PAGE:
After today, I deserve some Schubert. After finishing listening, I shall continue to work on this arrangement for Kol Rinah that I had planned on finishing last Wednesday.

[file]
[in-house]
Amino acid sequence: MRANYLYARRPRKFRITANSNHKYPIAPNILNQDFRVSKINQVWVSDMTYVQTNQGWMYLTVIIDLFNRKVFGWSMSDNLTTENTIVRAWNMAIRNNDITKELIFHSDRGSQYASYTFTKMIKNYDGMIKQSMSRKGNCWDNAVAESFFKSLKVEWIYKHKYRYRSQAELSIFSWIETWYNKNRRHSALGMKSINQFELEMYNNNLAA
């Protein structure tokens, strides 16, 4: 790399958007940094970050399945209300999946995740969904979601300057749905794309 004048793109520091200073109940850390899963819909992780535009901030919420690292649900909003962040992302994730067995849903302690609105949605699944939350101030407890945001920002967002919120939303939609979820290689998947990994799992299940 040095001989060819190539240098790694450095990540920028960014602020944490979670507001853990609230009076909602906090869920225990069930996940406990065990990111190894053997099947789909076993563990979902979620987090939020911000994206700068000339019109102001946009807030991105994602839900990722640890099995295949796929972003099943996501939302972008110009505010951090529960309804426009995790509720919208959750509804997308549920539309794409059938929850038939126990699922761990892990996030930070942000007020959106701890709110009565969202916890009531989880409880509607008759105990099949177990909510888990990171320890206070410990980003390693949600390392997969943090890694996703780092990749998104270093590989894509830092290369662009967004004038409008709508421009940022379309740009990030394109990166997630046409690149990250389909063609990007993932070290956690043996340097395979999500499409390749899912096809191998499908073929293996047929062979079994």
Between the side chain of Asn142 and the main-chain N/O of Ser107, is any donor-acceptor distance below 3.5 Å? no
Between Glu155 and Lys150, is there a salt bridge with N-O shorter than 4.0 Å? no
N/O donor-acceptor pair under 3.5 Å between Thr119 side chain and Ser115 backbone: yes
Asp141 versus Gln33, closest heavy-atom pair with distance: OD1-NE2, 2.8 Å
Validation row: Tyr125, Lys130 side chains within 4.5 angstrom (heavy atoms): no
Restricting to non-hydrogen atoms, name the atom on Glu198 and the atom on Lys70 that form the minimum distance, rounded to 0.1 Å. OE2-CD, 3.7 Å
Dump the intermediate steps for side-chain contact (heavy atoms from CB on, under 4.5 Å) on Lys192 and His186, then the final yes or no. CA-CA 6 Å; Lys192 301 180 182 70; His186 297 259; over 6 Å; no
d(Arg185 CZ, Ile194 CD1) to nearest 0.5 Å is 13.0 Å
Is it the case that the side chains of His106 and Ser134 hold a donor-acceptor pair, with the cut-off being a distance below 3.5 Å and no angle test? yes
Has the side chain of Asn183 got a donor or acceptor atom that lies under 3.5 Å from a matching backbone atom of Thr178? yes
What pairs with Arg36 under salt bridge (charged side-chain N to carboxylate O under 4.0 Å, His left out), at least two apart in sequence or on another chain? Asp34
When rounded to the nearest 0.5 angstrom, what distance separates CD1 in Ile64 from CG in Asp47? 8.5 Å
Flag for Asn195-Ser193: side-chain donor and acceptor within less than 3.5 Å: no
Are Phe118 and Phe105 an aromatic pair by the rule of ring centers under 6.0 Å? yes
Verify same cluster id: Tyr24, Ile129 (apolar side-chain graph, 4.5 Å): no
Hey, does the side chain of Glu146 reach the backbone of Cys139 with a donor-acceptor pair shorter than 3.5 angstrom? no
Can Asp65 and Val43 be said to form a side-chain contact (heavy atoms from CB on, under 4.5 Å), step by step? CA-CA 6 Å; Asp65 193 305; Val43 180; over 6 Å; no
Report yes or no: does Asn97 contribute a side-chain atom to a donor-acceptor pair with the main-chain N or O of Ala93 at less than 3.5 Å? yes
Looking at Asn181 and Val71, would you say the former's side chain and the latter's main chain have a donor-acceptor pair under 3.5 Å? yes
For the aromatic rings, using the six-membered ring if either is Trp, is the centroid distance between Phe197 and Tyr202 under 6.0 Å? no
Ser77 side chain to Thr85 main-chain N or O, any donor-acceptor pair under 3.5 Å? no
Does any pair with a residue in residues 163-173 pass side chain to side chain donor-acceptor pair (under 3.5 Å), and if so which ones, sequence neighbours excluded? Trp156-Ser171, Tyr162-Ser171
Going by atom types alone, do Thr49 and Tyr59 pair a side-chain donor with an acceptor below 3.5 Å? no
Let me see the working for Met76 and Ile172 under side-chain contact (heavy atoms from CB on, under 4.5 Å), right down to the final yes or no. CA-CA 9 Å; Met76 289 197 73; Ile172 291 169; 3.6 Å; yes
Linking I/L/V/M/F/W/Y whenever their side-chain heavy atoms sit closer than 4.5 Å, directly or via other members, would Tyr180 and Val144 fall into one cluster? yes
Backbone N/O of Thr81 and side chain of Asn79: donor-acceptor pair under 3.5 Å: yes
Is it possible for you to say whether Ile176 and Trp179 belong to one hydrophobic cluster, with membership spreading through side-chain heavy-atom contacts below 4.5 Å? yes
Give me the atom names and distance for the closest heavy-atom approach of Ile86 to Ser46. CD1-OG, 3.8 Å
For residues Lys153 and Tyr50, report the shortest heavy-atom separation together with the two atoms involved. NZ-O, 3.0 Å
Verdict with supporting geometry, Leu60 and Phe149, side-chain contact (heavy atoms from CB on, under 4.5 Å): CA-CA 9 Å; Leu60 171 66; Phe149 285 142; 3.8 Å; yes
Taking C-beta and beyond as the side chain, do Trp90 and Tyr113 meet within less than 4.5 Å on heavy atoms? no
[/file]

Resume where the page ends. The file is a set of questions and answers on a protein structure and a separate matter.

....though one last thought for the night. We often tend to think of the center of the 'canon' in classical music as revolving around Mozart and Beethoven the way literature revolves around Shakespeare and Cervantes (or the novel around Tolstoy and Dostoevsky), with Bach as the artist who codified what music meant in its golden age much as Dante codified 'modern' literature. But the comparison fails in part because Mozart and Beethoven were separated by a generation. But perhaps the comparison would do much better if we thought (as I sometimes do) that along with Beethoven, the center of everything by which we define music is not in fact Mozart but Schubert. The arguments themselves can wait, but if we think of the of music as either being something epic/dramatic (for which Beethoven would obviously be the prime representative), or something lyric/poetic, then it would be at best difficult to decide whether the best representative is Mozart or Schubert. It was not Beethoven but Schubert who sounded the final notes of Golden Age classicism in 1828. After Schubert, the world was ready for Berlioz's Symphonie Fantastique and the full-blown romanticism that went with it.